Patient control of personal care accounts for routine health care services are also included. Unused funds in these accounts then roll over into the next year.

High deductibles, that is true insurance, to protect against financial ruin in an acute health care crisis, in other words, catastrophic coverage.

A limit on annual out-of-pocket spending is an especially important feature. Traditional Medicare does not have an out-of-pocket limit and drives many seniors into bankruptcy. In other words, it limits financial risk when it kicks in at a certain point.

It includes care coordination, disease management, and provider network discounts. Consumer-driven health care gives control of health care back to patients. That is why more and more are enrolling in it. We know today, many who work in the health care area with our seniors know they look at the details of their spending; they look at the billing; they know more about their health care and what is being charged than most people realize. Patients and their physicians, ultimately, with this kind of insurance, join in partnerships to seek the finest care at the most reasonable costs.

Consumer-driven care is especially suited for patients who like to be personally involved in their health care decisions. More and more Americans who can use the necessary information want that kind of personal involvement.

Consumer-driven care eliminates wasteful Medicare spending, it increases patient awareness of health care costs, and encourages prudent purchasing of health care services. Any unspent funds in the personal care account would be returned to the Medicare trust fund upon the death or the disenrollment. That is a key factor. Federal dollars go into the trust fund and, if there are dollars remaining, they flow back into the trust fund of Medicare upon disenrollment or the death of the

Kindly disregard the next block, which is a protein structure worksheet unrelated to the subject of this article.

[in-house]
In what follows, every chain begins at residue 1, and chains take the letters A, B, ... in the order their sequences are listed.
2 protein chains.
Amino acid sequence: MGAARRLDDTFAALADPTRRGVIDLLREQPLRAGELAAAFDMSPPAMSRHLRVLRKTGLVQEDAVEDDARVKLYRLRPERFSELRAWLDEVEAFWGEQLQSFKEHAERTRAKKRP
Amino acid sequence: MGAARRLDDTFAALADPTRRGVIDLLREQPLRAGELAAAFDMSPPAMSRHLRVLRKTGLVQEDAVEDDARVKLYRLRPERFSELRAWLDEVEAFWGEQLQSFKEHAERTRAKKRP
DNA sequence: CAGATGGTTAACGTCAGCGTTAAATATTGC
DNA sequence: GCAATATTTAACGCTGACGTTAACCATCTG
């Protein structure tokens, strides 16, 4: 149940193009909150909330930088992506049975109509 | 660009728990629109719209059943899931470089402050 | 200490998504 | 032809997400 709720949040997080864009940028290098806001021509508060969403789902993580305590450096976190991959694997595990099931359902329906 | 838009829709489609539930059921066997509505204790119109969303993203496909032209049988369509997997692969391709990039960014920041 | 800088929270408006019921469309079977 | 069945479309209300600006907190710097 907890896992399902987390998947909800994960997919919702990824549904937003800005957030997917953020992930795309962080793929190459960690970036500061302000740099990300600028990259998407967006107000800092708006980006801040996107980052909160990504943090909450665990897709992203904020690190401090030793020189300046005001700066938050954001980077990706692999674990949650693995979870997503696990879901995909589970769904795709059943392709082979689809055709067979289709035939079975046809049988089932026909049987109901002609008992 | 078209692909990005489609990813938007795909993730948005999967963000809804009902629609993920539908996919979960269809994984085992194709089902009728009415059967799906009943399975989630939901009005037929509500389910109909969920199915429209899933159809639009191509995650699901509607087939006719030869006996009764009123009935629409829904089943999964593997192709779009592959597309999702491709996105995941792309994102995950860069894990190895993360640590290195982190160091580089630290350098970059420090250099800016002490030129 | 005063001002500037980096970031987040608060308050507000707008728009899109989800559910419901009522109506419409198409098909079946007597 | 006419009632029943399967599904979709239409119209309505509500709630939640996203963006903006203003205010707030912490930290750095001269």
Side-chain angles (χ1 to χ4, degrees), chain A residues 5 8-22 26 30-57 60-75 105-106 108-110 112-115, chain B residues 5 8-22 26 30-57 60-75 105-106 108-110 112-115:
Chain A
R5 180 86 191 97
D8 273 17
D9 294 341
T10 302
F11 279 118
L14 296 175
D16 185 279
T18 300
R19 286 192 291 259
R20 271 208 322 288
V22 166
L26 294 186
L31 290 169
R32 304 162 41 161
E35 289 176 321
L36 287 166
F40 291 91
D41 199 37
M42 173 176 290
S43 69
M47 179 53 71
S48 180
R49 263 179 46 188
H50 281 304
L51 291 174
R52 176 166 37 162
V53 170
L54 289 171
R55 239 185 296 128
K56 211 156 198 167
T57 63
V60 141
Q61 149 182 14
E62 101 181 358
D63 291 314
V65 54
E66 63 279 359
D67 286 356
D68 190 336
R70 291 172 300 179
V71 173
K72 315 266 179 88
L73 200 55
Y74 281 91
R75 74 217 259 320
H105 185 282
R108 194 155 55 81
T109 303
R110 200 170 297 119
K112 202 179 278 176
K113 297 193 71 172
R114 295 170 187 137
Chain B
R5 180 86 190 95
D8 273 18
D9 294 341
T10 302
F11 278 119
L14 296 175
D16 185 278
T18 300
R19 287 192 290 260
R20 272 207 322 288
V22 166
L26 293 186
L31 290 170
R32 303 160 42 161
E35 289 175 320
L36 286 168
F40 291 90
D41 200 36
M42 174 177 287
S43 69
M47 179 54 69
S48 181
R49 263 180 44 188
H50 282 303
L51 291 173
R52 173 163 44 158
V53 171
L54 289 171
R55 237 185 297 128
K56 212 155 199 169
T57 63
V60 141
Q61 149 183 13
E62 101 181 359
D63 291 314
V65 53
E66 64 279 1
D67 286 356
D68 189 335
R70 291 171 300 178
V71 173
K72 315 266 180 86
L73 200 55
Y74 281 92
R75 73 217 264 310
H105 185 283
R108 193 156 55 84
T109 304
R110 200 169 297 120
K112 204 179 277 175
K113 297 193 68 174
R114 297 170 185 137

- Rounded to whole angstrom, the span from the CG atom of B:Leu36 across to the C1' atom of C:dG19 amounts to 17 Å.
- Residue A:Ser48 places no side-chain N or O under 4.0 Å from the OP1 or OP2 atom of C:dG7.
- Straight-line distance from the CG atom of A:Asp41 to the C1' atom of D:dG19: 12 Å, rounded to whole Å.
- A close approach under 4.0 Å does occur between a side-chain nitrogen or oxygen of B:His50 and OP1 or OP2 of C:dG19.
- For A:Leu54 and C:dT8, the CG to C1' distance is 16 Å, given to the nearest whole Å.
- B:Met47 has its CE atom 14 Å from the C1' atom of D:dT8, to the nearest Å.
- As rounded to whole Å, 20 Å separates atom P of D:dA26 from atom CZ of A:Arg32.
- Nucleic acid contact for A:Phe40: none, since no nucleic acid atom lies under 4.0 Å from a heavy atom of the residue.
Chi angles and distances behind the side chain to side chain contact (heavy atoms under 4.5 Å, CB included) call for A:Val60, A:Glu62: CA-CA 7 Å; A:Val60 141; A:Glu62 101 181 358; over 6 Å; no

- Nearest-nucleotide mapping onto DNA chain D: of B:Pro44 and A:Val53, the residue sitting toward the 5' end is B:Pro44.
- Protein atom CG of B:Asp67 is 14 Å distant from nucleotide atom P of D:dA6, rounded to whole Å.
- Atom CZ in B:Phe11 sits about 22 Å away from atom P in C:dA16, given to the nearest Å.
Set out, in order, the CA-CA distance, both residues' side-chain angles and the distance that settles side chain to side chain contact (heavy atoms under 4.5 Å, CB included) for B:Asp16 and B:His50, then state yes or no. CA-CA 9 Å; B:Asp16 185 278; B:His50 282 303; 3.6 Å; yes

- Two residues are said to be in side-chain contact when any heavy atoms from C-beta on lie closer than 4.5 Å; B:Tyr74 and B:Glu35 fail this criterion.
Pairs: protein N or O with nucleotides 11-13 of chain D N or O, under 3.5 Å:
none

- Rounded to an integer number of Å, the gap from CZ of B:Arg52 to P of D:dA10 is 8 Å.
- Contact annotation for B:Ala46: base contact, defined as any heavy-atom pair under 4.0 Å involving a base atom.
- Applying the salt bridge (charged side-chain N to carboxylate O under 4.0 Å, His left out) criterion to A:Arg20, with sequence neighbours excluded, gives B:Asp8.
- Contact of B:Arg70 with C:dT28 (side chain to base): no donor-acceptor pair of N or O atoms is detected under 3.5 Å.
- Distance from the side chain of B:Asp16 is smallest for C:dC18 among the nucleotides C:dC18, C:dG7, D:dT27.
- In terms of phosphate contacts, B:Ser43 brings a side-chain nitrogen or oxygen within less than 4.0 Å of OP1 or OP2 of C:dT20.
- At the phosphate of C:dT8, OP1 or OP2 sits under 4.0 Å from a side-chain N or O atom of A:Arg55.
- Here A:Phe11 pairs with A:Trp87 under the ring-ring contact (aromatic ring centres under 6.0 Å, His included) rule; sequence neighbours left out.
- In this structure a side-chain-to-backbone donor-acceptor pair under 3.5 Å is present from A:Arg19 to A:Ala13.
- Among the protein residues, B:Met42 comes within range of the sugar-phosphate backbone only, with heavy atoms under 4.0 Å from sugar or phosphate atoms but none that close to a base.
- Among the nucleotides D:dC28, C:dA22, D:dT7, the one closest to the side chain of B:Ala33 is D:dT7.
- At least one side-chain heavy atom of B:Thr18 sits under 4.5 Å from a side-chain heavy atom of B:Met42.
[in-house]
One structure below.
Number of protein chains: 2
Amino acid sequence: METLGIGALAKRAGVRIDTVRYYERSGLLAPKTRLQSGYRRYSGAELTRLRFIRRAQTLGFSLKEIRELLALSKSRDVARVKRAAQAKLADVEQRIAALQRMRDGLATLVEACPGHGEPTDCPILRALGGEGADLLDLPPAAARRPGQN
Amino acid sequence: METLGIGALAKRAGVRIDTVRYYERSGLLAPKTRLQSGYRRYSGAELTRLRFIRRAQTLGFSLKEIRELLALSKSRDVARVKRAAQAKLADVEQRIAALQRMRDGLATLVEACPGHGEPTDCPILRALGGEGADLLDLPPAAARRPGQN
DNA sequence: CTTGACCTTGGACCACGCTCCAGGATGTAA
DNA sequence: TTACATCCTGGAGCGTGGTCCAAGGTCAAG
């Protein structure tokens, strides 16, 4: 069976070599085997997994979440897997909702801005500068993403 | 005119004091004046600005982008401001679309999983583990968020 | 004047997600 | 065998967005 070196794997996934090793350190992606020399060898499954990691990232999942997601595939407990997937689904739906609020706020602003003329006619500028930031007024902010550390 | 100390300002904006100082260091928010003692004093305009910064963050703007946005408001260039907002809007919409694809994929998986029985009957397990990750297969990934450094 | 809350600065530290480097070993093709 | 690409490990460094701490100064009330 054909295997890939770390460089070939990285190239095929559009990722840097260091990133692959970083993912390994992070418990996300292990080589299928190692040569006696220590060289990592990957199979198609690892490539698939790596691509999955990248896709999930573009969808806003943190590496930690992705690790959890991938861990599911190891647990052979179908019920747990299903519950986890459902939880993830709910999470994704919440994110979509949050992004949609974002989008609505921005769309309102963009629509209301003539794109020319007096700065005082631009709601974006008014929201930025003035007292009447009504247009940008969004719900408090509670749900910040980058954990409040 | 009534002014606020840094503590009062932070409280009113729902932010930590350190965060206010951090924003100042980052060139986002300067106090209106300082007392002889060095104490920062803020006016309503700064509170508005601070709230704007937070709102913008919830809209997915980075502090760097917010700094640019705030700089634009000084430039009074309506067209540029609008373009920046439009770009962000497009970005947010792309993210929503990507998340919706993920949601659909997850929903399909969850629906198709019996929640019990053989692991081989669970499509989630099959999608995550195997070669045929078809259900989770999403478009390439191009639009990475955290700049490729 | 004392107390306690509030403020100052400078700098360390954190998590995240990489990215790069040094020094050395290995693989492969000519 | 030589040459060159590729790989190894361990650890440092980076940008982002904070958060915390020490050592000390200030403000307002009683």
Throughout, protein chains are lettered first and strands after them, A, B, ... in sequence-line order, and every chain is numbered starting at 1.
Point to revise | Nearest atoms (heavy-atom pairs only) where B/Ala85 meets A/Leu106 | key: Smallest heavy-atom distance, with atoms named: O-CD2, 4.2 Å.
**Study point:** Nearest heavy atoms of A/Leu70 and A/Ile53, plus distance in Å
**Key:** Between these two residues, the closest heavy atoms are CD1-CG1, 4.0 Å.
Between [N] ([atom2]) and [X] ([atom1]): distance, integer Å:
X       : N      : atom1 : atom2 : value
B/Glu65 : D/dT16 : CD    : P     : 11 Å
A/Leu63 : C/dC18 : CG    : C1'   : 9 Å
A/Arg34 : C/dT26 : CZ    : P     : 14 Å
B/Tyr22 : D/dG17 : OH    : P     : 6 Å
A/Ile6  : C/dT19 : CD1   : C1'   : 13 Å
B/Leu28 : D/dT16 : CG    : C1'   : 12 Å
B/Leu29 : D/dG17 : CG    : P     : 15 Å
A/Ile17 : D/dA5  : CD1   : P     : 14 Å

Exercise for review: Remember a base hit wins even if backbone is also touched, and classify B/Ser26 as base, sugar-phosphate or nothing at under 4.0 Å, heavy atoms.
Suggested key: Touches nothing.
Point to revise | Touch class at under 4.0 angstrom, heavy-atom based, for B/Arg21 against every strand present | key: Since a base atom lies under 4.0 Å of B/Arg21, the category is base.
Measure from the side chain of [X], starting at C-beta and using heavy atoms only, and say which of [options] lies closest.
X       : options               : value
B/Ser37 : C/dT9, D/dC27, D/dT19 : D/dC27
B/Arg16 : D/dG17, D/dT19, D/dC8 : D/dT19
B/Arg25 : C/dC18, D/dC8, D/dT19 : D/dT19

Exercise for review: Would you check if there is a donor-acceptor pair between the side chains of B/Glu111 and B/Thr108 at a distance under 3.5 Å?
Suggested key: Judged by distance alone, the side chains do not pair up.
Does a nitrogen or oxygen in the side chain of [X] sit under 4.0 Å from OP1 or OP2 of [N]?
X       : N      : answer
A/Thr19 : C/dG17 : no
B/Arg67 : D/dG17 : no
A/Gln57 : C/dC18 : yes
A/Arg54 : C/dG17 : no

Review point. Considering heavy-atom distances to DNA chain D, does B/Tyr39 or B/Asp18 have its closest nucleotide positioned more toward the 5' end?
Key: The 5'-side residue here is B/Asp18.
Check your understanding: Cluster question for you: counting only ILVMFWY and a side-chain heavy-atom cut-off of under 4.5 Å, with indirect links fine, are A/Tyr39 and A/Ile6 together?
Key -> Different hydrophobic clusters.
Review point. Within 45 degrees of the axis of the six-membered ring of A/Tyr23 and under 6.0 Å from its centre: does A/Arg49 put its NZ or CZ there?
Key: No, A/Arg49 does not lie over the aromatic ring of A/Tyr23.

individual.

This amendment would be an important addition to the bill. I wish we could get it into the bill tonight. But it would be unfair to the manager of the bill at this time because it cannot get scored. I would not want to drive the cost up of the already-fixed segment of the MedicareAdvantage side. Already, it is less competitive than we would like it to be. I don't want to add to that disadvantage.

We believe ultimately that this will be a budget-neutral program. At that time, it will be the right thing to offer as part of the dynamics that we want to see in a modern health care delivery system and in an improved Medicare with a prescription drug program.

I thank my colleagues for listening. We will return with this when it is a final product. It may well make it into the conference between the House and the Senate. We will be working with our colleagues in the House because they have already provided that kind of a provision within the legislation which they are currently debating and voting upon.
With that, I ask unanimous consent to withdraw amendment No. 1086.